While the Germans do not appear to be so enterprising in this form of ingenuity they have not been idle. A French airman flying over the Teuton lines observed the outermost trenches to be alive with men whose helmets were distinctly visible. The airman reported his observations and the trench was subjected to terrific shell fire. Subsequently the French made a spirited charge, but to their dismay found that the outermost German trench was occupied by dummies fashioned from all sorts of materials and crowned with helmets! This ruse had enabled the German lines to be withdrawn to another position in safety and comparatively at leisure.

Before war was declared the German military experts were emphasising the importance of trees for masking troops and guns against aerial observation. One of the foremost authorities upon military aviation only a few months ago urged the German Military Staff to encourage the planting of orchards, not for the purpose of benefiting agriculture or in the interests of the farmers, but merely for military exigencies.

He pointed to the extensive orchards which exist in Alsace-Lorraine and Baden, the military covering value of which he had determined from personal experience, having conducted aerial operations while military were moving to and fro under the cover of the trees. He declared that the cover was efficient and that under the circumstances the laying out of extensive orchards in strategical places should be carried out without any delay. This, he urged, was a national and not a private obligation. He advocated the bestowal of subsidies on the farmers to encourage the planting of fruit trees. He suggested that the trees should be provided by the State, and given to all who were prepared to plant them; that substantial prizes should be awarded to encourage the rapid growth thereof, and that annual prizes should be awarded to the man who would undertake their cultivation and pruning, not from the fruit-yielding point of view, but for facilitating the movement of troops beneath their dense branches.

He even urged the military acquisition of suitable land and its determined, skilful, and discreet exploitation by those who loved the Fatherland. He emphasised the necessity for keeping such orchards under military control, only vouchsafing sufficient powers to the local authorities to ensure the desired consummation. He maintained that, if the work were prosecuted upon the right lines and sufficient financial assistance were given, the purpose in view could be achieved without saddling the war department with any unremunerative or excessive burden. He admitted that the process of raising fruit trees to the stage when they would afford adequate cover would be tedious and somewhat prolonged, but argued that the military advantages, such as enabling troops to move below the welcome shelter with absolute freedom and without physical fatigue, would be an ample compensation.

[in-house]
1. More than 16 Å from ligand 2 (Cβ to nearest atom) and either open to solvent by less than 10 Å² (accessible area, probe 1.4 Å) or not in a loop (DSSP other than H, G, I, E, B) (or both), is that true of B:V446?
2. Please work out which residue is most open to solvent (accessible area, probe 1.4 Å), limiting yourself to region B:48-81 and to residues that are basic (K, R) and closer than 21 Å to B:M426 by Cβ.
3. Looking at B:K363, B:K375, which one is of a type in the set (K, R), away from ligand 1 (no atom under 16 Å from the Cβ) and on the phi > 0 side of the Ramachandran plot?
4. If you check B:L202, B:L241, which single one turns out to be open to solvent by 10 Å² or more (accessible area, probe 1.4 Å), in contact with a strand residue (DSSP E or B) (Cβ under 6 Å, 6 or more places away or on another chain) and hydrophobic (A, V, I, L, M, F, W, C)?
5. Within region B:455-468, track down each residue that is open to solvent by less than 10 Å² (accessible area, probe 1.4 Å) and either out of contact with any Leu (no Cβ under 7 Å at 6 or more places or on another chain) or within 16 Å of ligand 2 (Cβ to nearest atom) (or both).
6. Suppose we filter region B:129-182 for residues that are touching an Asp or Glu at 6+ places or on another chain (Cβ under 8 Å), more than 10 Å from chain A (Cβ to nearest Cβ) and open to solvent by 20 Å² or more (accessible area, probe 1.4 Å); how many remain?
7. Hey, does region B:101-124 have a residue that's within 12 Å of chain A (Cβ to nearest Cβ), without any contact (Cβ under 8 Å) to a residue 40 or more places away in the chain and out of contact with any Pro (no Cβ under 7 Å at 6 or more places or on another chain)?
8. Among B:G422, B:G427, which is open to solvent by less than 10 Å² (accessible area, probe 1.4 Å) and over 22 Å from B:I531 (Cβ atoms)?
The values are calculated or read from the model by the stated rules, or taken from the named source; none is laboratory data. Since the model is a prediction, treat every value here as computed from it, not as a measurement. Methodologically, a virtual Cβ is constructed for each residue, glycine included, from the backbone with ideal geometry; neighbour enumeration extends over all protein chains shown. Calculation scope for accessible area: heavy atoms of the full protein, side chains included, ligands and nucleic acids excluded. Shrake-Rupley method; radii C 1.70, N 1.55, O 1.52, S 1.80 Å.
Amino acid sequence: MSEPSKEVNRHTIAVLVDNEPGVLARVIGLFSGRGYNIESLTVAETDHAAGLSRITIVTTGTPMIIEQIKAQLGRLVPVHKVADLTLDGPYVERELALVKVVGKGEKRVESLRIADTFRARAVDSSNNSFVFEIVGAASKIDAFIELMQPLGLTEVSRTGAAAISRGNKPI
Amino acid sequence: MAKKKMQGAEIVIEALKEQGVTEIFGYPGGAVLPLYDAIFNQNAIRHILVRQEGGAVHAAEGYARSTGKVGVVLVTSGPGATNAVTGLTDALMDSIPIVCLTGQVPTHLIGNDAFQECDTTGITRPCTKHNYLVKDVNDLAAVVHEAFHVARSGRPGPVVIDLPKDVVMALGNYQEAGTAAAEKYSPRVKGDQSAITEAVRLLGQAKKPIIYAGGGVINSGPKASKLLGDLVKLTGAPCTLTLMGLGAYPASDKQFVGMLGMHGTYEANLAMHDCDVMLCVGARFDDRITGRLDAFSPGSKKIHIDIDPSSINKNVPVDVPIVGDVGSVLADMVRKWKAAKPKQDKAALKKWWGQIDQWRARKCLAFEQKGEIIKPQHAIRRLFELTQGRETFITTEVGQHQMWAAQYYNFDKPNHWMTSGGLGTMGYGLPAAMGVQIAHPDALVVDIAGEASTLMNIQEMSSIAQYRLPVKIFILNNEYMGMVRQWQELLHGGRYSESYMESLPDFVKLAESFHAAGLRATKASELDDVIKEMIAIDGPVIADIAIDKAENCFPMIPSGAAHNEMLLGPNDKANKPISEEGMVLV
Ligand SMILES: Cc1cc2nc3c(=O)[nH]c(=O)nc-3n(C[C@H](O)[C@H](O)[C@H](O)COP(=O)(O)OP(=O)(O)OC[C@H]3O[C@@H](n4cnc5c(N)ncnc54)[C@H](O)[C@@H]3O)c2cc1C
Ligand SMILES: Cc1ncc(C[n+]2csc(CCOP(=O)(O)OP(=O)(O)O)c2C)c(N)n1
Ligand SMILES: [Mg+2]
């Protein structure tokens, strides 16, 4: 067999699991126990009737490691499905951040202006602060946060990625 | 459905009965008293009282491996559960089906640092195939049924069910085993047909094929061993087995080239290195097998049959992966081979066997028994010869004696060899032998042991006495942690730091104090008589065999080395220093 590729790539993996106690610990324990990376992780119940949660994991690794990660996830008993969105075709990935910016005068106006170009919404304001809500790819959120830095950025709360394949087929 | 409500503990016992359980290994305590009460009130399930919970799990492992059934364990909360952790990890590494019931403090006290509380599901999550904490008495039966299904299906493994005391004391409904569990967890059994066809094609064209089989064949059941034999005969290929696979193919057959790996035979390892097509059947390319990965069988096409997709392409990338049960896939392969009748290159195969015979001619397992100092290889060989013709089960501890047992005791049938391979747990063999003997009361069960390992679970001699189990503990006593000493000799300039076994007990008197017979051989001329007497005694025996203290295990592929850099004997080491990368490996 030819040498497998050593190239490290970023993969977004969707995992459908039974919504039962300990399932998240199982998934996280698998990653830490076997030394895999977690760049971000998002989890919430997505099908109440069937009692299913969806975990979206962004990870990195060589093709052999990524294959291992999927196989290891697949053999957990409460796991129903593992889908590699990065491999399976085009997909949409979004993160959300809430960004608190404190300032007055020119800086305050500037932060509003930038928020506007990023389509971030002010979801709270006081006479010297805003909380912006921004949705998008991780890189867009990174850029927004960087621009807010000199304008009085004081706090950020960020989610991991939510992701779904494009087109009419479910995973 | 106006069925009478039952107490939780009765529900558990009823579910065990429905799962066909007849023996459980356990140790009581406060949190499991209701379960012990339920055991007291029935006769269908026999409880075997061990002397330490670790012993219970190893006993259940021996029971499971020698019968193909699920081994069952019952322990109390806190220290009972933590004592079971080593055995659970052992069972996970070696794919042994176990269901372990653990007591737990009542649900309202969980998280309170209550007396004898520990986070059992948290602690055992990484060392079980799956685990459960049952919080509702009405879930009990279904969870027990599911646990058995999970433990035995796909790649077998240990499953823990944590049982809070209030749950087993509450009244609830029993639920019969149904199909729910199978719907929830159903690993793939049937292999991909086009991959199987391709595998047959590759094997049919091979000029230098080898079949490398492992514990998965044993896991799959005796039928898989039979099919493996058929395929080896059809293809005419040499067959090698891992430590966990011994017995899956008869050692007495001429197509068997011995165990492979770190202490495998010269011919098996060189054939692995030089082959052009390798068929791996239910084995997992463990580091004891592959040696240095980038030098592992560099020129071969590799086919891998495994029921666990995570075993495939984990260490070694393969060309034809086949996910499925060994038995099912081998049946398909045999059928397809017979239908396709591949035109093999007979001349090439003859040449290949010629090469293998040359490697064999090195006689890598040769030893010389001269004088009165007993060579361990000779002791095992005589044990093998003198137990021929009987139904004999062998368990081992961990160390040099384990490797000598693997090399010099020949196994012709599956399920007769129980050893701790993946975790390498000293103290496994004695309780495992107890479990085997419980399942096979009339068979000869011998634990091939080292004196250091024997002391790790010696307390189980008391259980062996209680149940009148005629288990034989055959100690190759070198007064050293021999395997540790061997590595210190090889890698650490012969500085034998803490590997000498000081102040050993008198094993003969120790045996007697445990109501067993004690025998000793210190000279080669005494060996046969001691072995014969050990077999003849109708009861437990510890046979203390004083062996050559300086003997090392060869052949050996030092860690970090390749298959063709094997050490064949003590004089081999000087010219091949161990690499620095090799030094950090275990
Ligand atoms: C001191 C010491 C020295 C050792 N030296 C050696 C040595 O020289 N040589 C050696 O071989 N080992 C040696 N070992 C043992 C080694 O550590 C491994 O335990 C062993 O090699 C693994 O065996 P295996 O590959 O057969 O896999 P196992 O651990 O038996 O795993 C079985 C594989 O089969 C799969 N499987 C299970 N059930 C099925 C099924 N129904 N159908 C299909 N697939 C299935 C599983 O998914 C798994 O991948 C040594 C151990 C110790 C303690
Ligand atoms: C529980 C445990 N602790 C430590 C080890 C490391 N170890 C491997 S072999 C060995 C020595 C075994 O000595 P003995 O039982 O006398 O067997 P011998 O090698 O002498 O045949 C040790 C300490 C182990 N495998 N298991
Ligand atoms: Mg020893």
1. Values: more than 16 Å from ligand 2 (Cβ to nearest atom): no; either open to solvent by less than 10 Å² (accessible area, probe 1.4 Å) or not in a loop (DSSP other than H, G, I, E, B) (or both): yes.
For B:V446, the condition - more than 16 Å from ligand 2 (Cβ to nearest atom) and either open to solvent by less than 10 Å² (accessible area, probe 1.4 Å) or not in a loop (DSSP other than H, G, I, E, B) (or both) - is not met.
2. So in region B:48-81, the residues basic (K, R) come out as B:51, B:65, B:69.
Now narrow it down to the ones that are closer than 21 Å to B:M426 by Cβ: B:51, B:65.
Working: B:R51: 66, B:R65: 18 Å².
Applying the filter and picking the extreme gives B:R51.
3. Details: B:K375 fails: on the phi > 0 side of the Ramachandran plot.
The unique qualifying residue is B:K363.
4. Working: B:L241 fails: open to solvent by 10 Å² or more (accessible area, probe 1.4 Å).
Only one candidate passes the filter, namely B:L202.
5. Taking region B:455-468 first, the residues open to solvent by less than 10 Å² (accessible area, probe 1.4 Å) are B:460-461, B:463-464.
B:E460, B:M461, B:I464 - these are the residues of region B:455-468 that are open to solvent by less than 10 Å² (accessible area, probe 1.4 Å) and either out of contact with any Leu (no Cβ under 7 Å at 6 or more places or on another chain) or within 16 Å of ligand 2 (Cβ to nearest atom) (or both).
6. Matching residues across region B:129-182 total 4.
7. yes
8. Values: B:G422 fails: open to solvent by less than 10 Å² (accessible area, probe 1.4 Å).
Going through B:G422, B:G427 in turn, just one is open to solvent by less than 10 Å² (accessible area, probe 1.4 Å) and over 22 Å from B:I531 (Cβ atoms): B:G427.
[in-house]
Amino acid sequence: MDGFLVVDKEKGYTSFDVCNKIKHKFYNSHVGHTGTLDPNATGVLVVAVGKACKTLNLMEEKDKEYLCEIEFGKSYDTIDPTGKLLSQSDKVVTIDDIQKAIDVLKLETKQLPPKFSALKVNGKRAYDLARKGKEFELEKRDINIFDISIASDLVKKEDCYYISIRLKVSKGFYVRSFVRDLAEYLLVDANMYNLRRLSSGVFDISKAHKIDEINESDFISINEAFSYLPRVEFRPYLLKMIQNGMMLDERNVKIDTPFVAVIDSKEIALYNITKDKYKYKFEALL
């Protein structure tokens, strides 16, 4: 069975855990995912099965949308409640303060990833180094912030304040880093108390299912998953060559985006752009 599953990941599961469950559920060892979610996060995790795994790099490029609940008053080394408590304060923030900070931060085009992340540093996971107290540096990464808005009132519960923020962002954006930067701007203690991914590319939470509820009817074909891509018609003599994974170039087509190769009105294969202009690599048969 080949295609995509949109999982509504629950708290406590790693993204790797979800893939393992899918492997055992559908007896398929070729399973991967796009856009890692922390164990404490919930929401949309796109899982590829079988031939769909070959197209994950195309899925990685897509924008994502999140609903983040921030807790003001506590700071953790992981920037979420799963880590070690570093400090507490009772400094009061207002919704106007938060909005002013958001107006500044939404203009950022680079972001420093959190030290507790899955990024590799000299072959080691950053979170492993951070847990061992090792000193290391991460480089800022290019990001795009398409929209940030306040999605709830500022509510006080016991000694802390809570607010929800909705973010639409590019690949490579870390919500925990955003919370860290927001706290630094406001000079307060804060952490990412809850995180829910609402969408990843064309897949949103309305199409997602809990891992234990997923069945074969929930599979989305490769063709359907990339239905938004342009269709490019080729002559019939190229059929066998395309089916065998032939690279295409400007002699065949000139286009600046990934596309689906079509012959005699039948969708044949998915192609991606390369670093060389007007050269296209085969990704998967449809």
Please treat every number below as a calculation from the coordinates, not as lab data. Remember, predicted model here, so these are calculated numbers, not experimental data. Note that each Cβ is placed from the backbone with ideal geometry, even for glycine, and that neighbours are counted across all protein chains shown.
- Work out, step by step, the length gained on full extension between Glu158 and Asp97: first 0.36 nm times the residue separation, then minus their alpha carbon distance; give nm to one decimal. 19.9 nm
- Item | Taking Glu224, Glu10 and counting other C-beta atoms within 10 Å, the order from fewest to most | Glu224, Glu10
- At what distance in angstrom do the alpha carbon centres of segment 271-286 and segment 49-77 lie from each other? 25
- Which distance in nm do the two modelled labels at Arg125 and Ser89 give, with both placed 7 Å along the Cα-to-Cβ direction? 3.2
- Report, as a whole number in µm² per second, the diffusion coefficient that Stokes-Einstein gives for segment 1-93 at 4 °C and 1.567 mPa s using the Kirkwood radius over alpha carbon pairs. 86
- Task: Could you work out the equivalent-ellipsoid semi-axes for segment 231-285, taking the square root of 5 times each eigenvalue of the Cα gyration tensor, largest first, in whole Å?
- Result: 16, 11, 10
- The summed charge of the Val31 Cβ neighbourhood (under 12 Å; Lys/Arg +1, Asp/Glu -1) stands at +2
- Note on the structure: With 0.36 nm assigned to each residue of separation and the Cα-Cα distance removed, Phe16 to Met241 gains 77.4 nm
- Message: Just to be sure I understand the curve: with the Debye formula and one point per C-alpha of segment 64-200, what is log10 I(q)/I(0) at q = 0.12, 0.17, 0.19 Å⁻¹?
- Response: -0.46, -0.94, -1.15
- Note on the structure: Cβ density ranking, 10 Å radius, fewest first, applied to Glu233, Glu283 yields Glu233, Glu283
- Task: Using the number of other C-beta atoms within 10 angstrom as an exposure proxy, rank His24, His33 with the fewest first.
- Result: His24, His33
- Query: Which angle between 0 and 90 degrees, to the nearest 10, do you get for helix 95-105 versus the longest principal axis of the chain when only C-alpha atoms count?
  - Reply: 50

The utility of such cover to artillery was another factor he did not fail to emphasise. He dwelt seriously upon the difficulty of rendering permanent gun emplacements and heavy artillery invisible to the airman by resort to the usual type of gun shields. The latter may be located with ease by alert airmen, whereas if the guns were under cover of fruit trees they would be able to accomplish their deadly mission without betraying their presence to the aerial scout. Moreover, by pruning the trees in such a manner as to ensure free movement beneath, the artillery would be able to advance without betraying the fact to the enemy.

This authority vigorously insisted that the work should be carried out without a moment's delay as it was vital to the Fatherland. In the light of recent events, and the excellent cover which is offered by the orchards of the territory he cited as an illustration of his contention, such a disclosure is pregnant with meaning. It throws a new light upon the thorough methods with which the Germans carried out their military preparations, and incidentally shows that they were fully alive to every possible development. Fruit-raising as a complement to military operations may be a new line of discussion, but it serves to reveal the German in his true light, ready for every contingency, and shows how thoroughly he appreciates the danger from the man in the clouds.